As one of the most popular supporting characters in the television series, the Brigadier is often considered a companion of the Doctor and indeed is listed as one on the BBC website's list. Strictly speaking, however, he does not fulfil the traditional companion's role, subordinate to the Doctor's. Little was shown of Lethbridge-Stewart's life outside UNIT in the television series, although Planet of the Spiders revealed he was in a relationship with a woman called Doris. It was Courtney's own belief that the Brigadier was married, and that he and Doris were having an affair. Eventually, Lethbridge-Stewart left his first wife, as in Battlefield he was seen to be retired and married to Doris (played by Angela Douglas ).
The Brigadier and his family have made several appearances in the spin-off media. The spin-off UNIT videos Downtime and Daemos Rising feature Kate Lethbridge-Stewart, the Brigadier's daughter from his first marriage.
The novels also gave Lethbridge-Stewart another offspring. While on duty in Sierra Leone as a young lieutenant, Lethbridge-Stewart met and was intimate with a local girl named Mariatu, the daughter of a village chief, and unknown to Lethbridge-Stewart, she had a son. This was first hinted at in Ben Aaronovitch 's novelisation of his 1988 serial Remembrance of the Daleks, which featured quotes from a fictional history of UNIT (The Zen Military) written by a Kadiatu Lethbridge-Stewart (Mariatu's granddaughter) in 2006. In the 1992 New Adventures novel Transit (also by Aaronovitch, and set in the 22nd Century), the Seventh Doctor meets the adopted daughter of General Yembe Lethbridge-Stewart, one of Mariatu's descendants. This daughter, also named Kadiatu Lethbridge-Stewart, went on to become a recurring character in the New Adventures.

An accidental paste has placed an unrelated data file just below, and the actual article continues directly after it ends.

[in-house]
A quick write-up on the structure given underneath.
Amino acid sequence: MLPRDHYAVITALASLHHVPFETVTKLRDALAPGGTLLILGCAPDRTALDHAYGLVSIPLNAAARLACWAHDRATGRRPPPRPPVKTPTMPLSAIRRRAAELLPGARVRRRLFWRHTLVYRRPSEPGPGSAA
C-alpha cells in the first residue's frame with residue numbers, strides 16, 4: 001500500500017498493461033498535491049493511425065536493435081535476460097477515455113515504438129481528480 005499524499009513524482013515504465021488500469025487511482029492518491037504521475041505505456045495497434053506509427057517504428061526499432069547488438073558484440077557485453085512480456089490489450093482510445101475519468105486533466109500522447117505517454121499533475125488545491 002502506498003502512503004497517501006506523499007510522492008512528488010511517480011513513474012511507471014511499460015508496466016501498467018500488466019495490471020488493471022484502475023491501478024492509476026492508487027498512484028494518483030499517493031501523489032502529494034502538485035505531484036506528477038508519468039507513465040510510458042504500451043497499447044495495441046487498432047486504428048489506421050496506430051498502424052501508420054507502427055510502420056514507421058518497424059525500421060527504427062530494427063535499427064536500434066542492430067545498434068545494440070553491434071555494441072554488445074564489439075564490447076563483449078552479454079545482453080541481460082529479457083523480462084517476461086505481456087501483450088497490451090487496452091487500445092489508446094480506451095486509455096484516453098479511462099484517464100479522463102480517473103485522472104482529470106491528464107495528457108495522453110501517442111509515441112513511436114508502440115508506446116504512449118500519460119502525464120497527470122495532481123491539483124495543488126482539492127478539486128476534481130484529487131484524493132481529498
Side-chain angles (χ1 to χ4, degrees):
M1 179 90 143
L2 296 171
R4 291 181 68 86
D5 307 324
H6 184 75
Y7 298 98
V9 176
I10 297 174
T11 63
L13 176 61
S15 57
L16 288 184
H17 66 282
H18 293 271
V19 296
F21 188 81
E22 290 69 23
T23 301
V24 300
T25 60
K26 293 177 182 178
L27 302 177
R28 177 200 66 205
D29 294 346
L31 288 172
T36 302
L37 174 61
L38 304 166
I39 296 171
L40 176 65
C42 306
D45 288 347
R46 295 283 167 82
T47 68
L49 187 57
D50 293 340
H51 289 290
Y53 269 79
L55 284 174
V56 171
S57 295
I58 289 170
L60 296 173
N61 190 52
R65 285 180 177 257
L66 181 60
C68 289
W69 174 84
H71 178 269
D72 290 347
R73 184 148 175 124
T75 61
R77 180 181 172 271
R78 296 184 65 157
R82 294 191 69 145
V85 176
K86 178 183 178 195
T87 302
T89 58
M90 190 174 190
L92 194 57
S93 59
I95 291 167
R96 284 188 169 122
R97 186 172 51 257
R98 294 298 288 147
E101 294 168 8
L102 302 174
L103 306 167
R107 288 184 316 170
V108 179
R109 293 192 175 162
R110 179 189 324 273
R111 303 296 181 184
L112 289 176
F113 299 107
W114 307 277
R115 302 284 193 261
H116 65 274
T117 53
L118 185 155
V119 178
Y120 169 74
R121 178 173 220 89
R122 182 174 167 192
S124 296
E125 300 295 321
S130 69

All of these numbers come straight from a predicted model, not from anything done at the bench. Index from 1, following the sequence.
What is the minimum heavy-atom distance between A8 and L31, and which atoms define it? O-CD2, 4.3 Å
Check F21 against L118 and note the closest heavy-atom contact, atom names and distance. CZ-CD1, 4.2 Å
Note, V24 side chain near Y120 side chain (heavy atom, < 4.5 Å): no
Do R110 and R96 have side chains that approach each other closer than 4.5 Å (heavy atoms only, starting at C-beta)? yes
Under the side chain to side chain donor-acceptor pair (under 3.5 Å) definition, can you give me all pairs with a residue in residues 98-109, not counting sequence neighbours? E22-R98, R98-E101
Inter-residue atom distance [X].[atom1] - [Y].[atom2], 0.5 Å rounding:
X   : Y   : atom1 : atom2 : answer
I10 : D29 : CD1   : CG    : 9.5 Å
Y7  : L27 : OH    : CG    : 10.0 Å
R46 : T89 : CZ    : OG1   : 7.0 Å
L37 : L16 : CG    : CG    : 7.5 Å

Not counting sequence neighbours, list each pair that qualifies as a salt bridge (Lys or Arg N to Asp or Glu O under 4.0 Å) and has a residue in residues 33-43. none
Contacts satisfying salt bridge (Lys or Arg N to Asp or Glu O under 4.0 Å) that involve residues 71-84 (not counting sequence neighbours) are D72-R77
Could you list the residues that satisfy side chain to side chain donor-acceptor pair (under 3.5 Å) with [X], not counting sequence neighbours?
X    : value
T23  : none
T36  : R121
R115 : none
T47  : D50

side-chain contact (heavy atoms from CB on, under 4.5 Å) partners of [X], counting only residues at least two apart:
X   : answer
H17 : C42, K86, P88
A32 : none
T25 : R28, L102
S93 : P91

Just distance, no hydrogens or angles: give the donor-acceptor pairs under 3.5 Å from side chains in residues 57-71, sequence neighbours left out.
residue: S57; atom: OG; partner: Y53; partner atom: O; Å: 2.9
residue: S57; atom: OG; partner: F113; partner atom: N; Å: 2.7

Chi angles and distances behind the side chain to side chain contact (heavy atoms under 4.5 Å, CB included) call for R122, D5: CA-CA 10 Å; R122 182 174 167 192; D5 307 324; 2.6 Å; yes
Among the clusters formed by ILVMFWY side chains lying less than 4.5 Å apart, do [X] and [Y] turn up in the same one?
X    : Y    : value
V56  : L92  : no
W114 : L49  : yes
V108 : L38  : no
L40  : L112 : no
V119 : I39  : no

In the novels, Lethbridge-Stewart emerged from retirement again during the events of the last New Adventure, The Dying Days by Lance Parkin, where he dealt with an invasion of Ice Warriors from Mars in 1997. At the end of that novel he was promoted to General. Lethbridge-Stewart was subsequently rejuvenated with alien technology in Happy Endings, by Paul Cornell, taking place in 2010. The rejuvenated Lethbridge-Stewart, widowed but back with the military, next appeared in the BBC Books novel The Shadows of Avalon, also by Cornell, where he still held the rank of General but preferred to be called "the Brigadier".
Courtney played the Brigadier in two BBC Radio 4 Doctor Who plays, The Paradise of Death (1993) and The Ghosts of N-Space (1996), alongside Pertwee and Elisabeth Sladen as Sarah Jane Smith, set during the Third Doctor's era. He also played an alternate universe version of the Brigadier in the Big Finish Doctor Who Unbound play Sympathy for the Devil, opposite David Warner as the Doctor.
In December 2004, Big Finish released the first of a series of UNIT-based audio plays, where General Sir Alistair Lethbridge-Stewart acted as a consultant to a new generation of officers. As this version of Lethbridge-Stewart does not seem to be rejuvenated, these plays would seem to take place between the events of The Dying Days and Happy Endings. It should be noted, however, that the continuities of the audio plays and the novels may not match up, and their canonicity is debatable.